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United States Department of Agriculture

Agricultural Research Service

Research Project: SOIL RESOURCES AND AIR QUALITY AFFECTED BY WIND EROSION AND FUGITIVE DUST EMISSIONS: PROCESSES, SIMULATION AND CONTROL

Location: Engineering and Wind Erosion Research Unit

Title: Effect of canopy leaf distribution on sand transport and abrasion energy

Authors
item Hagen, Lawrence
item CASADA, MARK

Submitted to: Aeolian Research
Publication Type: Peer Reviewed Journal
Publication Acceptance Date: March 7, 2013
Publication Date: August 1, 2013
Repository URL: http://dx.doi.org/10.1016/j.aeolia.2013.01.005
Citation: Hagen, L.J., Casada, M.E. 2013. Effect of canopy leaf distribution on sand transport and abrasion energy. Aeolian Research. 10:37-42.

Interpretive Summary: When crop canopies are short or sparse, wind erosion can uncover plant roots, deplete the soil resource, and damage plants by abrasion and desiccation. This study determined the effects of number and distribution of leaves on threshold velocities, sand transport rates, and relative abrasion energy among simulated soybean seedling plant canopies. Six canopies were tested in a wind tunnel with the floor covered with sieved sand using maximum freestream wind speeds from 30 to 38 mph. The height above the surface of maximum abrasion energy also increased with wind speed in the plant canopy, but remained nearly constant over a bare sand surface. When leaves were located nearest the surface, they modified the vertical abrasion profiles by deflecting a portion of the sand impact energy upward in the wind stream. The modified abrasion profiles differed from that for isolated plants subject to profiles that develop over a bare surface upwind of the plants. Hence, it may be important to place test plants within a canopy of similar plants when conducting plant abrasion tests using sand. In contrast, abrasion on inter-row flat soil containers was independent of wind speeds, but was slightly higher without a canopy compared to measurements in the canopy with a similar sand discharge.

Technical Abstract: During times when crop canopies are short or sparse, wind erosion can uncover plant roots, deplete the soil resource, and damage plants by abrasion and desiccation. Few studies have considered the effects of position and number of leaves on sand transport and the distribution of the sand abrasion energy. The objectives of this study were to determine the effects of number and distribution of leaves on threshold velocities, sand transport rates, and relative abrasion energy among simulated dicotyledonous plant canopies. Six canopies were tested in a wind tunnel with two levels of leaf area index (LAI), two different maximum leaf heights, and either two or four leaves per plant with maximum freestream wind speeds from 13 to 17 m s-1. The leaf heights were selected to position the lowest leaves to be either intercepting saltating sand or largely above the saltation layer. The wind tunnel was a 1.52 W x 1.82 H x 15.3 L m push-type recirculating tunnel with the floor covered with a layer of sieved sand. Sand discharge and relative abrasion energy were measured during 3-minute duration test runs. For canopies with two leaves, the experimental sand transport capacity was reduced most when the leaves were highest above the surface even though they were intercepting saltation when in their lowest positions. As expected, canopy LAI was directly related to threshold velocity and inversely related to sand transport capacity. Total abrasion energy impacting the target soil containers located vertically in the canopy increased with wind speeds above the threshold. The height above the surface of maximum abrasion energy also increased with wind speed in the plant canopy, but remained nearly constant over the bare sand surface. When leaves were located nearest the surface, they modified the vertical abrasion profiles by deflecting a portion of the sand impact energy upward in the wind stream. Hence, it may be important to place test plants within a canopy of similar plants when conducting plant abrasion tests using sand to achieve results representative of plants in the interior of a field. In contrast, abrasion on inter-row flat soil containers was independent of wind speeds, but was slightly higher without a canopy compared to measurements in the canopy with a similar sand discharge.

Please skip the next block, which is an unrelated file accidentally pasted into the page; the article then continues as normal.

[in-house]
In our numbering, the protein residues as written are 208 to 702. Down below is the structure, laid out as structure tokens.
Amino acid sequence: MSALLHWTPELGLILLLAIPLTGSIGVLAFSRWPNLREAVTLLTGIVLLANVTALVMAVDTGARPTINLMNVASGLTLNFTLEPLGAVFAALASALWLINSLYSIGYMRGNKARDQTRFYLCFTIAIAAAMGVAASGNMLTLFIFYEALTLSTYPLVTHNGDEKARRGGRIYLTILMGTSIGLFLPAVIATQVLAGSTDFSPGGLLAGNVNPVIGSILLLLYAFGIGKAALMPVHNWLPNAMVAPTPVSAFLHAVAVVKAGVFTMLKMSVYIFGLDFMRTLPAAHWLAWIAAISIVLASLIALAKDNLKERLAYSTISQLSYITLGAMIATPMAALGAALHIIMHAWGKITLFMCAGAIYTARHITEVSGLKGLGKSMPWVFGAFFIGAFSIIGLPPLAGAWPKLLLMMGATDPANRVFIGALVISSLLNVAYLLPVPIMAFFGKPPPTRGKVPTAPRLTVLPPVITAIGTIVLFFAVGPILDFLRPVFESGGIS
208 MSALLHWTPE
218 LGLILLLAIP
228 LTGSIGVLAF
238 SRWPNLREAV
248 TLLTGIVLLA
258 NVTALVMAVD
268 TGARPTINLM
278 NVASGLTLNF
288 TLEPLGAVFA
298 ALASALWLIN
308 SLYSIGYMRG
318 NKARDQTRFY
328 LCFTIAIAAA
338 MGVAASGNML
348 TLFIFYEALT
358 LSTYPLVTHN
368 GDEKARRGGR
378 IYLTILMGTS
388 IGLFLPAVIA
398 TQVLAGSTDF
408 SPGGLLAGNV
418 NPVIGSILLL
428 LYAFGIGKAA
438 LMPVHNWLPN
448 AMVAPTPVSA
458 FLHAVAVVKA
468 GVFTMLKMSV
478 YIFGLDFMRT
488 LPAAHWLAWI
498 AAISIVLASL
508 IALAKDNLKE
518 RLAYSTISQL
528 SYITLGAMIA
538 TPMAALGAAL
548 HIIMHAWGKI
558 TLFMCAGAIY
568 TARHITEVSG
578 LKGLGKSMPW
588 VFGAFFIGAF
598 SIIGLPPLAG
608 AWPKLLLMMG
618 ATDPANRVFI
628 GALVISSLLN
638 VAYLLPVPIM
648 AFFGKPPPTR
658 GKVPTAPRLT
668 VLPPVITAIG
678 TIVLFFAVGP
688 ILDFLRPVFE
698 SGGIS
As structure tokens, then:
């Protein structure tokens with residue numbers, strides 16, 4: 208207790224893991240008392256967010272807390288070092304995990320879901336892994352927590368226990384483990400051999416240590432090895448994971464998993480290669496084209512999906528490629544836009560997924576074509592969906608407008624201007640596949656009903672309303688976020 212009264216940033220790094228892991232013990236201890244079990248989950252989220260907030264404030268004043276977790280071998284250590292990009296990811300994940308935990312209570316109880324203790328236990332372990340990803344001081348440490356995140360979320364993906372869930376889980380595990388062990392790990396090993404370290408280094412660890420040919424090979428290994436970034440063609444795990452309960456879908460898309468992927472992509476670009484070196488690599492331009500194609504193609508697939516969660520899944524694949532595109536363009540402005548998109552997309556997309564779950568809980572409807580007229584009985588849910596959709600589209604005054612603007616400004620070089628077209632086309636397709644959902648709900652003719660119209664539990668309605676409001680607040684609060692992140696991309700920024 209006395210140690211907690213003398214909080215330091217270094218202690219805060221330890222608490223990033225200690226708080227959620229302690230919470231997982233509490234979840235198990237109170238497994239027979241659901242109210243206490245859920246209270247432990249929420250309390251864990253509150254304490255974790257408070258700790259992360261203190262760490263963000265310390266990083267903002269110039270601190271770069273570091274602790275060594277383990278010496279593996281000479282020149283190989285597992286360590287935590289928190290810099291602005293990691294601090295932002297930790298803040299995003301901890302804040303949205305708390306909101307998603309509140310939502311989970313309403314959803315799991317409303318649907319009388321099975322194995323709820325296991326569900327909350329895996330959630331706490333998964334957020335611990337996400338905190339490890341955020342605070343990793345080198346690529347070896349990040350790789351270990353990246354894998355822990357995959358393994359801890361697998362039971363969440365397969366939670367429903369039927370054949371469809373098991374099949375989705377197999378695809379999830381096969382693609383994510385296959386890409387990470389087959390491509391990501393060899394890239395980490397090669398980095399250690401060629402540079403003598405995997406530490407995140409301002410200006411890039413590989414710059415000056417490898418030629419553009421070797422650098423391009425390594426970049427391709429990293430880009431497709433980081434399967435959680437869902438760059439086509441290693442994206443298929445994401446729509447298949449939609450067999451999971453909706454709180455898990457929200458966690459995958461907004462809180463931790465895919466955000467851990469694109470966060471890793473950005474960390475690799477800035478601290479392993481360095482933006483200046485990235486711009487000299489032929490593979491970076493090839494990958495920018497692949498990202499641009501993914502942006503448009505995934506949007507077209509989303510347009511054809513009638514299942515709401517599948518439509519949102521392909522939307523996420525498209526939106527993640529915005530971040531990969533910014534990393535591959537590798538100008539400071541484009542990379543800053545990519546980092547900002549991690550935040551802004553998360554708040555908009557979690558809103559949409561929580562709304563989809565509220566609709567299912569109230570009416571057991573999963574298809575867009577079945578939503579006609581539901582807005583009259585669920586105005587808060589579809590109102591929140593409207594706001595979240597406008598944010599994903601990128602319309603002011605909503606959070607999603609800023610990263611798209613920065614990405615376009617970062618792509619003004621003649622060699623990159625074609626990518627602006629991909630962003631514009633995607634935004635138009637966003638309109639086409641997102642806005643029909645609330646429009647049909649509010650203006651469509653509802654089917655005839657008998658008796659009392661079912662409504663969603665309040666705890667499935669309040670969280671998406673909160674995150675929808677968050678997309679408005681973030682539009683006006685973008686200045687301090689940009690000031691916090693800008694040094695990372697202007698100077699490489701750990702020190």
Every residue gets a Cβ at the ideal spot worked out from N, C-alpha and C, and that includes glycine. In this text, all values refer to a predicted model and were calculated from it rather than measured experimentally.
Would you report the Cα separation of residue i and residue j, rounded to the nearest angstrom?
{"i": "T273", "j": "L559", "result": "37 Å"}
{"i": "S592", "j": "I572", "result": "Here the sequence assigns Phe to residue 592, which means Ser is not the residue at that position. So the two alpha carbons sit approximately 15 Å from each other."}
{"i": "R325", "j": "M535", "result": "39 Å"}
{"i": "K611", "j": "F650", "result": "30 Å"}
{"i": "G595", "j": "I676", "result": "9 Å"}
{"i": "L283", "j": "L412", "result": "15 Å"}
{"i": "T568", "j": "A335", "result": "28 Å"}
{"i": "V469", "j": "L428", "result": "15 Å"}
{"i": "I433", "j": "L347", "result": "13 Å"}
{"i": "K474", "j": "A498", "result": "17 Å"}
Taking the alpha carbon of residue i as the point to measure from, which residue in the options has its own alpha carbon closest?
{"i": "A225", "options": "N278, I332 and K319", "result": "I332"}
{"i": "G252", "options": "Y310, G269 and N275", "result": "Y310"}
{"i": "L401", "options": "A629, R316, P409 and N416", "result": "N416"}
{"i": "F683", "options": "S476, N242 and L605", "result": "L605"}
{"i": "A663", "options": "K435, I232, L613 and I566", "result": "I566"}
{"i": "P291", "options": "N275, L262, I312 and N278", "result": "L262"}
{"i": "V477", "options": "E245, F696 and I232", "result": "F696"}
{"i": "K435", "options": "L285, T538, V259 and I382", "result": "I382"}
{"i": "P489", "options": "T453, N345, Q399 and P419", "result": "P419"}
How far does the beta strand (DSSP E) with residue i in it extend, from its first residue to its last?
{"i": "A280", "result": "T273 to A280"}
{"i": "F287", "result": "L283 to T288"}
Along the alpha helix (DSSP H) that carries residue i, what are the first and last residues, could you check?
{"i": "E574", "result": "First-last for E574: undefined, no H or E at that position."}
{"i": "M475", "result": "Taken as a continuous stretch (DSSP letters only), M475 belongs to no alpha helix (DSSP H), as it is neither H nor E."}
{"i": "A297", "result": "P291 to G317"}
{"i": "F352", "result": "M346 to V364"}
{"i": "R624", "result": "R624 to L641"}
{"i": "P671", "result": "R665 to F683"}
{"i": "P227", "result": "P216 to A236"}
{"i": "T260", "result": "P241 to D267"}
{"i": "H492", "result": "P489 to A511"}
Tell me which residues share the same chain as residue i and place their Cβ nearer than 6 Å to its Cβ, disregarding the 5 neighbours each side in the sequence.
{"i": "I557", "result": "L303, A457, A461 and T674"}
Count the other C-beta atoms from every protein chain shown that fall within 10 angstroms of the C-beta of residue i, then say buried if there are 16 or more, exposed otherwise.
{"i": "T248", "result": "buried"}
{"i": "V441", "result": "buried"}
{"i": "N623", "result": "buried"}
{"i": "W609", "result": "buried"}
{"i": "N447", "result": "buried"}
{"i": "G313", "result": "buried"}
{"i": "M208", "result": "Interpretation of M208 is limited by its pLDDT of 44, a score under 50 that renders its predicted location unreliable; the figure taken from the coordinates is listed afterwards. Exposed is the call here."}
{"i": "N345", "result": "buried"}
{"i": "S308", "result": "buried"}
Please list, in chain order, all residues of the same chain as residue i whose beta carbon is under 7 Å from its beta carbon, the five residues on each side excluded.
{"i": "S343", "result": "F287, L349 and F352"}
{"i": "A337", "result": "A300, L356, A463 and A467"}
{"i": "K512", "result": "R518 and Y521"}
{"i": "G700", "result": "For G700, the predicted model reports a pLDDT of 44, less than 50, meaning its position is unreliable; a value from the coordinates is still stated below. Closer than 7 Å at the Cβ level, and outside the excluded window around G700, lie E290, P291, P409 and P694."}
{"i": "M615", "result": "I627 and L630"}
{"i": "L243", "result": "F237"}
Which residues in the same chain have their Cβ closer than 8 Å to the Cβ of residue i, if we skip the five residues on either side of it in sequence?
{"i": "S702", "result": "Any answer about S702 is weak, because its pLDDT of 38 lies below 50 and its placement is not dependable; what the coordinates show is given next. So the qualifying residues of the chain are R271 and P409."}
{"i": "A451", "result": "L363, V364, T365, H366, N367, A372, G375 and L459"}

Last Modified: 9/10/2014